(1912 - c. 2010)
Alois Brunner was a key operative of Nazi war criminal Adolf Eichmann and was responsible for the deportation of Jewish people from Austria (47,000), Greece (44,000), France (23,500), and Slovakia (14,000) to Nazi death camps during the Holocaust.
Last seen in 2001, it remained unknown whether Brunner was still alive until his death was confirmed in December 2014 by the Simon Wiesenthal Center. The news of his death was recieved from a credible former German secret service agent who confirmed rumours that Brunner had died in 2010 in Syria. According to international human rights organization Simon Wiesenthal Center's 2013 Annual Report on the Satus of Nazi War Criminals:
" ... the likelihood that he is already deceased increases with each passing year ... but until conclusive evidence of his demise is obtained, he should still be mentioned on any Most Wanted List of Holocaust perpetrators."
Born in Austria in 1912, Brunner joined the Austrian Nazi Party in 1931 at the age of 19. His anti-Semitism was considered so extreme that Adolf Eichmann’s private secretary; and Eichmann called him his "best man" in his memoirs.
As head of the Nazis' Jewish affairs office in prewar Vienna, Brunner instituted and organized persecution that forced thousands of Jews to flee to other European countries and the United States.
He sent 47,000 Austrian Jews to concentration camps at the start of World War II, and after organizing mass roundups in Berlin, Brunner was transferred to Greece, where he was responsible for deporting all 43,000 Jews in Thessaloniki (also known as Salonika) within a two-month period.
In June 1943, he was sent to France to take over the Drancy transit camp near Paris from its French administrators. During 14 months in France alone, Brunner sent an estimated 25,000 men, women and children to their deaths.
SS-Hauptsturmfuhrer Brunner was also responsible for transporting the children of Izieu, forty-four Jewish orphans from La Maison d'Izieu, to Auschwitz.
After World War II, Brunner was employed by Reinhard Gehlen and the U.S. Central Intelligence Agency. Gehlen, Hitler's top anti-Soviet spy, surrendered to the Americans and offered them his services. The CIA took the bait and Gehlen re-established his spy organization and enlisted thousands of Gestapo, Wehrmacht and SS veterans. During the Cold War, Gehlen's network of agents received millions of dollars in funding from the U.S. Between 1956-68, Reinhard Gehlen was Germany's Chief of Federal Intelligence Service.
Brunner later escaped to Syria where he became a government adviser. He is believed to have lived in Damascus under the alias of Dr. Georg Fischer, although in December 1999 unconfirmed reports surfaced that he had died in 1996 and was buried in a Damascus cemetery.
German journalists visiting Syria in the 1990s reported Brunner to be living at the Meridian Hotel in Damascus. Brunner is easily identifiable, having lost an eye and several fingers from letter bombs sent him years ago by Israel’s intelligence services.
Brunner was sentenced to death in absentia in France in 1953 and 1954. a new suit was filed there based on his sending children to Auschwitz. Previous attempts to persuade Syria to release Brunner failed. Germany applied for his extradition in 1987, and in 1991 the European Parliament voted to condemn Syria for continuing to harbor the alleged war criminal.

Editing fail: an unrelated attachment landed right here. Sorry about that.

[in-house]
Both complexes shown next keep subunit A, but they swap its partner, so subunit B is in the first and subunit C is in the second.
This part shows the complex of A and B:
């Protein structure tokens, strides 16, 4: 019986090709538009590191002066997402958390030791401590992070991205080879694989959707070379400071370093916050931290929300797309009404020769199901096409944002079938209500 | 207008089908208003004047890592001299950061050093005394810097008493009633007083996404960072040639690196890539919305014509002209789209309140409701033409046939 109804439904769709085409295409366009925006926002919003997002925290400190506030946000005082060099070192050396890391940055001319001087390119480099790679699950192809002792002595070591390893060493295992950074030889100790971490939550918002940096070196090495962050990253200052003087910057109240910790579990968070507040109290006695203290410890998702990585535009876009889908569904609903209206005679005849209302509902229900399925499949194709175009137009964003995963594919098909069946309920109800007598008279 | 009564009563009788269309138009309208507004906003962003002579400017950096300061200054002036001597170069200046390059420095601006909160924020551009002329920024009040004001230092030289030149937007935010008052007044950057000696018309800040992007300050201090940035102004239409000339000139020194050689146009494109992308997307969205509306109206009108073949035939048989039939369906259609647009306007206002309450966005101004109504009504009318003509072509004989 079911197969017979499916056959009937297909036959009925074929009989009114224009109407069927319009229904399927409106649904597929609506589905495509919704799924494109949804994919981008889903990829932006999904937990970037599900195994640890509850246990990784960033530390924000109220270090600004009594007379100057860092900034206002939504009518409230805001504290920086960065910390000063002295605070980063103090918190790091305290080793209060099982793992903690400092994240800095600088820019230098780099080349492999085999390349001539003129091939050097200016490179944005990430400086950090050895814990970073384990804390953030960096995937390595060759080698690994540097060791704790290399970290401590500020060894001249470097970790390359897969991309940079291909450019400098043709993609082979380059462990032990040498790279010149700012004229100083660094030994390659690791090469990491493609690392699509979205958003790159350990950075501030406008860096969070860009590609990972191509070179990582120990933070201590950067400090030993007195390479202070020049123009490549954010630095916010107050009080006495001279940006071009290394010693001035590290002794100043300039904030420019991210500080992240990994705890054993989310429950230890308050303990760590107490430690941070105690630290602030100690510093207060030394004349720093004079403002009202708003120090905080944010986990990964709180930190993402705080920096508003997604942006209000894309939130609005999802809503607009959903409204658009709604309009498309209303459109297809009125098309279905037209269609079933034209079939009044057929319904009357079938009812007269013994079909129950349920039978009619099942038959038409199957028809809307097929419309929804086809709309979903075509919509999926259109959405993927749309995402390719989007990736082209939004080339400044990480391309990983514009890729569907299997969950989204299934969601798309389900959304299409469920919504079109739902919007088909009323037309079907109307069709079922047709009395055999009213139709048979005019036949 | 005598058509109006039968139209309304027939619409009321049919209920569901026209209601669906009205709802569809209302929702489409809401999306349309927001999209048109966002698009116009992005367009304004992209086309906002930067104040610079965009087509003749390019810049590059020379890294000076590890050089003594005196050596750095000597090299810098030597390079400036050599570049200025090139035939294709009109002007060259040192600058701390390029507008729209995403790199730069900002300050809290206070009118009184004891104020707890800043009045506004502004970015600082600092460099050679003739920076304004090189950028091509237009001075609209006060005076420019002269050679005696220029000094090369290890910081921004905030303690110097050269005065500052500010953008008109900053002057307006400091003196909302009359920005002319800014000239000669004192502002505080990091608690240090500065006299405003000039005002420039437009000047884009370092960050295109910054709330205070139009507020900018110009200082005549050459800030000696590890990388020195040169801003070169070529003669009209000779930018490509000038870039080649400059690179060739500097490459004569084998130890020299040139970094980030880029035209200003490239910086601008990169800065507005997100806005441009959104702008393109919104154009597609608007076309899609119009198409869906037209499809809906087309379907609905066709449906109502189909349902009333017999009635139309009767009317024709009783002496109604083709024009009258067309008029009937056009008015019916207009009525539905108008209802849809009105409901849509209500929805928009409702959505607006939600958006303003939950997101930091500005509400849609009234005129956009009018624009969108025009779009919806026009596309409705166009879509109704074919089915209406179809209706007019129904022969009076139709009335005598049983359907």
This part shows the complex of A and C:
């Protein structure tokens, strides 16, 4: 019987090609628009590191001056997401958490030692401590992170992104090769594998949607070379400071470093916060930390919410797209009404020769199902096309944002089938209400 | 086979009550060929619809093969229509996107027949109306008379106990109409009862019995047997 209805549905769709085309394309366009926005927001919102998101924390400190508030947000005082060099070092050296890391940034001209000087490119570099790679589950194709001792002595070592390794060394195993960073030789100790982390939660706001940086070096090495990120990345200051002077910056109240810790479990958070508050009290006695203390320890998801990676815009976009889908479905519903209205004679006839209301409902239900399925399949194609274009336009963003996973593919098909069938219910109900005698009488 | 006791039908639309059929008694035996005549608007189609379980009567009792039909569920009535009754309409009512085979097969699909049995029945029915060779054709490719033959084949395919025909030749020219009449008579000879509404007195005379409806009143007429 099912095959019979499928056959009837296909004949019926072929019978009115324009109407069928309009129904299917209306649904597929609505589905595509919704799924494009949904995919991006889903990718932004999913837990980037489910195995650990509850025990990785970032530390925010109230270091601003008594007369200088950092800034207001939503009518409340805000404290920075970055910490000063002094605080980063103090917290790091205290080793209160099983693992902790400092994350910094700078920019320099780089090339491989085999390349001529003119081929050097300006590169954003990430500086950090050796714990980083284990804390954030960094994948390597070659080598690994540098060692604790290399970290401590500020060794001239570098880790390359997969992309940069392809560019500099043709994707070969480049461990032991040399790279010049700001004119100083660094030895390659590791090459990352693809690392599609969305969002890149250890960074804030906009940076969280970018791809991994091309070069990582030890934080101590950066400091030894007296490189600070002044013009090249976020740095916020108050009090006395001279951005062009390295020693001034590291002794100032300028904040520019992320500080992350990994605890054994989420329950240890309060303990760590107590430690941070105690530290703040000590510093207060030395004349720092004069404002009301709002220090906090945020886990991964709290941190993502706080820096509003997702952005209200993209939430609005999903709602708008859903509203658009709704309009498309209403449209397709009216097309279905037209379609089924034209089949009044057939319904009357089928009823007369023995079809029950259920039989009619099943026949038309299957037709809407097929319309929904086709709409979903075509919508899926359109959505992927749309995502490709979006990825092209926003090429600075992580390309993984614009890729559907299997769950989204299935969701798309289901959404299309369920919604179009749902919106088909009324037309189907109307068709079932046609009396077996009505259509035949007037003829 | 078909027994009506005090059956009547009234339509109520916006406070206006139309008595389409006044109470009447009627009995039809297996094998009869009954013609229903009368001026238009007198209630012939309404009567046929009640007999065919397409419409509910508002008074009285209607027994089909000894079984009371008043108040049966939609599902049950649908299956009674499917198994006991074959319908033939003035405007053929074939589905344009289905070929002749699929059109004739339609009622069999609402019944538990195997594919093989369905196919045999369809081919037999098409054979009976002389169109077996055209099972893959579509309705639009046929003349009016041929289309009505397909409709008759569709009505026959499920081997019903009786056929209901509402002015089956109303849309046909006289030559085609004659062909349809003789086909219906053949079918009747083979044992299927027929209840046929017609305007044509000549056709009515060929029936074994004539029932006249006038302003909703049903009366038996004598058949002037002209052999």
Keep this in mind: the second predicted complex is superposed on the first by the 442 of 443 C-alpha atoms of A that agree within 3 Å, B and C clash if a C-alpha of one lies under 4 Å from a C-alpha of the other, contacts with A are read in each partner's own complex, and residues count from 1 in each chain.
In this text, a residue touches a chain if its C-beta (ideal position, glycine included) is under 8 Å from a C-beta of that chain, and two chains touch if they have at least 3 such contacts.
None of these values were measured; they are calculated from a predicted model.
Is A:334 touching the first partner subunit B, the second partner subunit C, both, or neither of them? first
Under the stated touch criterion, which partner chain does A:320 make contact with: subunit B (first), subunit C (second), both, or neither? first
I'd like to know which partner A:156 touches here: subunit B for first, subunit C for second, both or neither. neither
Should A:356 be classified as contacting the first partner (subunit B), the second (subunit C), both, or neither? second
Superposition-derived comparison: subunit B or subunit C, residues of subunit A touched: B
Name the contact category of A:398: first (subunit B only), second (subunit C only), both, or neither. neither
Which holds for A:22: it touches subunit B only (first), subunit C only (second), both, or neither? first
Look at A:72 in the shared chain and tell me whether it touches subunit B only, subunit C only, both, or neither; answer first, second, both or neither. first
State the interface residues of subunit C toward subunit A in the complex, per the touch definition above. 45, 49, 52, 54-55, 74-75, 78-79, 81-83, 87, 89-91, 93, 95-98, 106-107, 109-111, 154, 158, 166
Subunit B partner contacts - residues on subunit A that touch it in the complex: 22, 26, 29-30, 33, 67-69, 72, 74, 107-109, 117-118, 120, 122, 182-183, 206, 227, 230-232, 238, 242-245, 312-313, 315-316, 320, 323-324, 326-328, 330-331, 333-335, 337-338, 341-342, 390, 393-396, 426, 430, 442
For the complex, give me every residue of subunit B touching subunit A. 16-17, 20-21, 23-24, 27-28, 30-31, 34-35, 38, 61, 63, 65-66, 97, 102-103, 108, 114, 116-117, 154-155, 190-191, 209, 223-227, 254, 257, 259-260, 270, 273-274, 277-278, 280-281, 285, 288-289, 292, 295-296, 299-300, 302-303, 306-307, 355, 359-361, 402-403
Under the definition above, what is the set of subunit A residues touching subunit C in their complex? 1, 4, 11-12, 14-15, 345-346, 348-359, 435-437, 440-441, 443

He was the object of many manhunts and investigations over the years by different groups, including the Simon Wiesenthal Center, the Klarsfelds and others. He was condemned to death in absentia in France in 1954 for crimes against humanity. He lost an eye and then the fingers of his left hand as a result of letter bombs believed to have been sent to him by the Military Intelligence Unit of the IDF in 1961 and by the Mossad in1980.
In 1995, German State prosecutors in Cologne and Frankfurt posted a $333,000 reward for information leading to the arrest of the last leading Nazi still believed to be on the loose.
When the Austrian news magazine Bunte interviewed him decades ago, Brunner said his one regret was that he had not murdered more Jews. In a seperate 1987 telephone interview, he told the Chicago Sun Times: "The Jews deserved to die. I have no regrets. If I had the chance I would do it again ..."
In 2000, rumors circulated that Poland was preparing to seek the extradition of Alois Brunner. The Syrians have ignored all attempts to extradite him, including those by the Simon Wisenthal Center.
In 2003, The Guardian described him as "the world's highest-ranking Nazi fugitive believed still alive."
Reports surfaced in December 2005 that an international manhunt to find Brunner was underway. If caught, Brunner would be extradited to France, where he was sentenced in absentia in 2001 to life in prison for crimes against humanity.
In July 2013, sketchy rumors emerged that Brunner may be alive in Syria, but the uncertain status quo about his whereabouts and whether he is even still alive remain.
Brunner's death was confirmed by the Simon Wiesenthal Center in December 2014, confirming rumours that Brunner had died in Syria around 2010. The Syrian civil war made it impossible to verify Brunner's death, but he would have been 102 years old in 2014 so experts believed that he had in fact died or was near death. His death was confirmed by a reliable source, a former German secret service agent who had kept ties with Brunner. He died unrepentant for his crimes, and is buried in an unknown location in Syria.
Sources: Louis Bulos, "Alois Brunner," Children of Izieu.
Yaakov Katz, "Int'l hunt on for top Nazi fugitive," Jerusalem Post, (December 28, 2005).
Dr. Efraim Zuroff, "2013 Annual Report on the Status of Nazi War Criminals," Simon Wiesenthal Center [PDF] (April 2013).
Adam Chandler, “Eichmann’s Best Man Lived and Died in Syria,” The Atlantic, (December 1, 2014).
"Alois Brunner," Wikipedia.